Escape From Tomorrow
Directed by: Randy Moore
There are many kinds of films that are made for a variety of different reasons. There are films that are made to entertain, and there are films that are made for pure art's sake, and then there are films that no matter what kind you're into, just need to be seen; Escape From Tomorrow is that kind of film.
Here's the best way to explain the experience of watching Escape From Tomorrow. Well, my experience anyway. As soon as the end credits rolled, I looked over to my girlfriend whom I was watching the film with and the first words out of my mouth were "What the fuck was that?!". My mind just couldn't comprehend what I had just seen. A film that, by definition, is not really a film, but rather an experiment in the bizarre, the surreal and more importantly, cheap on-the-fly inventive filmmaking.
If you have not yet heard about Escape From Tomorrow, then here's some quick info. Basically, first time writer/director Randy Moore shot most of this film inside both Walt Disney World and Disneyland.......without permission. Impossible right? Yet he did it by using a whole lot of planning and coordination and by primarily using a small crew pretending to be tourists using "video mode" on their Canon camera's. Crazy! It's a ballsy idea, but he did it. And if you know anything about the Walt Disney Company, you know they're fiercely protective of their property and brand. Production on this thing was so tight that even when they premiered it at Sundance, nobody would say what theme park was used as the setting and during post edit, he took it to South Korea to edit and put in special effects so Disney wouldn't find out. And surely by now they've gotten wind of this thing so you have to wonder why it hasn't been prevented from being made to the public. Well I believe the official word is that the lawyers feel it falls under "parody", and so they've pretty much left it alone. And while it's never actually called Disneyland in the film, it's blatantly implied. So with all this being said, you're probably now wondering.....is it a good movie?
That is where I am conflicted. It's really going to depend on your personal taste; what you consider art, cinema or nonsense. If you're into the films of David Lynch, or experimental films in general, then you may enjoy it. If you're a fan of more linear films, then this might not be for you. Me? I'm somewhere in the middle. Personally, I found the film overall to be too weird to enjoy. Even when it was over and I had time to digest it, I honestly couldn't make sense of half of it. I'm still not entirely sure what the film is about and what supposedly did and didn't happen. Yet on the other hand, I'm in awe of the experimental aspect of it all and just the simple fact that this film got made at all the way he made it. Logistically, this film should not exist. It's supposed to be impossible to make a dark and surreal horror film about Disneyland inside Disneyland, but he did. That alone demands respect and admiration. And while the film is weird and structurally uneven, it's also fascinating. Like, you can't look away and even when it's over, you're left thinking about it for a long wile, trying to make some kind of sense of it all. That alone doesn't make a good film, but if that was their intention to begin with, then they've succeeded. A week later and I'm still replaying that entire film in my head.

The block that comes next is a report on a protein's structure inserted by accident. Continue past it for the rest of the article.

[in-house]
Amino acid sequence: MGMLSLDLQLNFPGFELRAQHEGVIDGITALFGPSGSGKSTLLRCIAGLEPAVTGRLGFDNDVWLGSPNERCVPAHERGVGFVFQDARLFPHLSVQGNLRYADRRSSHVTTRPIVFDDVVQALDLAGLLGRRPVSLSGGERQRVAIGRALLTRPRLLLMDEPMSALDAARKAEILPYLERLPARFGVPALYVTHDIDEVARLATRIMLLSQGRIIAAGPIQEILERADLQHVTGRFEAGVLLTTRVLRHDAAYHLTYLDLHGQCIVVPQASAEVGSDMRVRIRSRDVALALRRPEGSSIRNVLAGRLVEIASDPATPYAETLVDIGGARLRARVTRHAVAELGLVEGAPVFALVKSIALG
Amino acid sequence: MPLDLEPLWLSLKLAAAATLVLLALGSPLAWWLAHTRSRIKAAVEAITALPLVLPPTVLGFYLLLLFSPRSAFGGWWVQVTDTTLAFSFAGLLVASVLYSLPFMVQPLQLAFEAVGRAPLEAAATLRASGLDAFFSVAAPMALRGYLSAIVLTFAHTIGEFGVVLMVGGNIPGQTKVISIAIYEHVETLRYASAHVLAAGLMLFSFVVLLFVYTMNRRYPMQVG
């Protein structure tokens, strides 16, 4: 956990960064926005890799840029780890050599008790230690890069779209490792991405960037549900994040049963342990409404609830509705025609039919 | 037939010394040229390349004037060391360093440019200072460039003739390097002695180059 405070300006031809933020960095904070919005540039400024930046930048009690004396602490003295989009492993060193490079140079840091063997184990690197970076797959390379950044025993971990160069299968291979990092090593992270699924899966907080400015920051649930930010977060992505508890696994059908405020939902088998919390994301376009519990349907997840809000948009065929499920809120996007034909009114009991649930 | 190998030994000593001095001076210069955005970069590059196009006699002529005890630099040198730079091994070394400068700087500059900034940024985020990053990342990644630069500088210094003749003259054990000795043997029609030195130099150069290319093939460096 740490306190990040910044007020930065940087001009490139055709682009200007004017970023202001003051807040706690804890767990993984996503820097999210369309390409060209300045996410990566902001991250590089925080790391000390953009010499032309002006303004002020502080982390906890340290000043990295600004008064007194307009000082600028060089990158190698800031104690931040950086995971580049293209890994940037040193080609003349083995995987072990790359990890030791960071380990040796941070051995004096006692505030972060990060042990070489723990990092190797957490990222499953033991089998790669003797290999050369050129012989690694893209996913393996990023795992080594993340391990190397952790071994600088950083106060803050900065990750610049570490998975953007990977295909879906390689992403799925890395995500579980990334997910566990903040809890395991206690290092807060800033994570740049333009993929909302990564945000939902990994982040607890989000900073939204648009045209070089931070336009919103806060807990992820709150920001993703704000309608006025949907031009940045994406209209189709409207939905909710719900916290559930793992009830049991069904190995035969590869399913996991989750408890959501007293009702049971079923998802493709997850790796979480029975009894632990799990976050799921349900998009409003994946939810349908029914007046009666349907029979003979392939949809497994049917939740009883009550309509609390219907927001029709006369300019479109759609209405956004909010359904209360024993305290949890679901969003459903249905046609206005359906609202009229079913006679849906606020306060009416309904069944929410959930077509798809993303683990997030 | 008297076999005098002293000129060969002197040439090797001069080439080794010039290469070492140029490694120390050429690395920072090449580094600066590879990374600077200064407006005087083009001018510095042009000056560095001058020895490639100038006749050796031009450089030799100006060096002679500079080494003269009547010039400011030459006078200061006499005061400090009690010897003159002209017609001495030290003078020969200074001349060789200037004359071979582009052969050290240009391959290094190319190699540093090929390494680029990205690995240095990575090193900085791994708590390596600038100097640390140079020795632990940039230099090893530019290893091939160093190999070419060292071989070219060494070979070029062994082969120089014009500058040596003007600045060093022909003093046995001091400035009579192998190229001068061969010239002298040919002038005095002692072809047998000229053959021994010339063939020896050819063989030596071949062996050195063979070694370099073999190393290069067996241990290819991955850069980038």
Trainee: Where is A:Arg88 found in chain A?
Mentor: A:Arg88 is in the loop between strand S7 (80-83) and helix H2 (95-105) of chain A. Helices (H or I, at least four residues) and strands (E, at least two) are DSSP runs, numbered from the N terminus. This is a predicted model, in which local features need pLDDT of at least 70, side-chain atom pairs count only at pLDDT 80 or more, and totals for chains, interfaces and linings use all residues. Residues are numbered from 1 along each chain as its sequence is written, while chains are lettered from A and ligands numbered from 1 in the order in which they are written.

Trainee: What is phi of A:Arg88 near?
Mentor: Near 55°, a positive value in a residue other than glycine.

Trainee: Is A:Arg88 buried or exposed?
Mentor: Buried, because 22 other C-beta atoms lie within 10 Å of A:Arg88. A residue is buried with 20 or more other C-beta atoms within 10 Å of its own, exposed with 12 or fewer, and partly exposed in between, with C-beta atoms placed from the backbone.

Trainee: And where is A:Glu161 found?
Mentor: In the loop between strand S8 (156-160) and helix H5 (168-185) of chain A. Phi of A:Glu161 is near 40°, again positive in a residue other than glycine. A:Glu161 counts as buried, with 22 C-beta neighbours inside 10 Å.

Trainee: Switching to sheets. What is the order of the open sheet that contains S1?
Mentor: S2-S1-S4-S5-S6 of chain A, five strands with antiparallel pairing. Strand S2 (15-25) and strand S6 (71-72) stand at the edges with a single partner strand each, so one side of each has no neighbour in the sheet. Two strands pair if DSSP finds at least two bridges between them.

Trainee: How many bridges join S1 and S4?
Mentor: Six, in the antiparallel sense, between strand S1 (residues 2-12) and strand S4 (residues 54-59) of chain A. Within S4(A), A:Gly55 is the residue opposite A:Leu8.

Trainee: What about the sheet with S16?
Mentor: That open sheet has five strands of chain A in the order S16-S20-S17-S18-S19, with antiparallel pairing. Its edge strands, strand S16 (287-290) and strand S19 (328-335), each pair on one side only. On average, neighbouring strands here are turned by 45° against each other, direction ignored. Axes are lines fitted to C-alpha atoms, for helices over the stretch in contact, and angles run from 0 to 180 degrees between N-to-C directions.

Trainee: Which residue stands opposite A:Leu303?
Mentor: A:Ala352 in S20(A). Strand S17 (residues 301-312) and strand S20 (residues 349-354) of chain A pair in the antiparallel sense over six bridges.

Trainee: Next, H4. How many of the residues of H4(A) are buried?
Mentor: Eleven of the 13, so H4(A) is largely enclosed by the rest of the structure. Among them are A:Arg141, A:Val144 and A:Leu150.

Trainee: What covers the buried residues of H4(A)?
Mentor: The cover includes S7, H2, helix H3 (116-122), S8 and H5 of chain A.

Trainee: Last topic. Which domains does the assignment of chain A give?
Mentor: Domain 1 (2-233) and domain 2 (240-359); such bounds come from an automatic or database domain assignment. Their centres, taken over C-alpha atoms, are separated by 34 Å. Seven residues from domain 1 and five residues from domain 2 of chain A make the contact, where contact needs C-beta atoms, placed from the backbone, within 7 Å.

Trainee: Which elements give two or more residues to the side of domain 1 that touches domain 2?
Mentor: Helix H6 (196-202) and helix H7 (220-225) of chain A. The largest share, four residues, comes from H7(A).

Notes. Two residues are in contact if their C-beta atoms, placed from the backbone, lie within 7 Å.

If I were to simply put my immediate initial thoughts down, I would have to say that it's a mess; visually, thematically and structurally uneven from beginning to end. It takes no pains to try and explain anything and though you know what different ideas it's trying to convey, sexual frustration/fear/anxiety/unhappiness, first time writer/director Ronald Moore never puts them together well enough so that it makes any kind of sense and worst of all, comes off as extremely amateurish and dull. Most films are made to entertain us in some way, and in that sense, Escape From Tomorrow fails. It's as if the film itself doesn't know what is supposed to be surreal and what is supposed to be real. It almost seems like Moore intentionally tries to lead you in one direction, and then purposely trip you up with a simple comment that almost completely undo's what your whole idea of what was happening to begin with. That happens several times in the film, most importantly when his often unbearable and mean-spirited wife comments on how she thinks that it's somehow the park that's making her husband act out. That one comment right there is the complete opposite of how she'd been reacting to his behavior throughout the entire film up to that point and honestly just feels out of place. Furthermore, some entire sequences just feel like they're from an entirely different film altogether, like the Epcot Center sequence, and that they were just thrown together to make the film run longer. While visually the most impressive sequence in the entire film, it still feels like it comes out of left field and you wonder if you're still watching the same movie. I don't know what reason that sequence had being in it, but it's such a radically different experience from the rest of the film that again, you're left wondering "What the heck was that?!".
For all it's immensely admirable, fascinating and shocking guerrilla filmmaking, it never comes together well enough to be enjoyable. With that being said, yes, you should still see it. If anything, for simply being audacious. You wonder what kind of film we would have been given had Moore not been relegated to shooting the film guerrilla style in secret. Would it have been more coherent? Probably not. Regardless of it's impressive filmmaking tactics, the film itself is so uneven structure-wise and so damn confusing that above all else, it really just could have benefited from a much sharper script.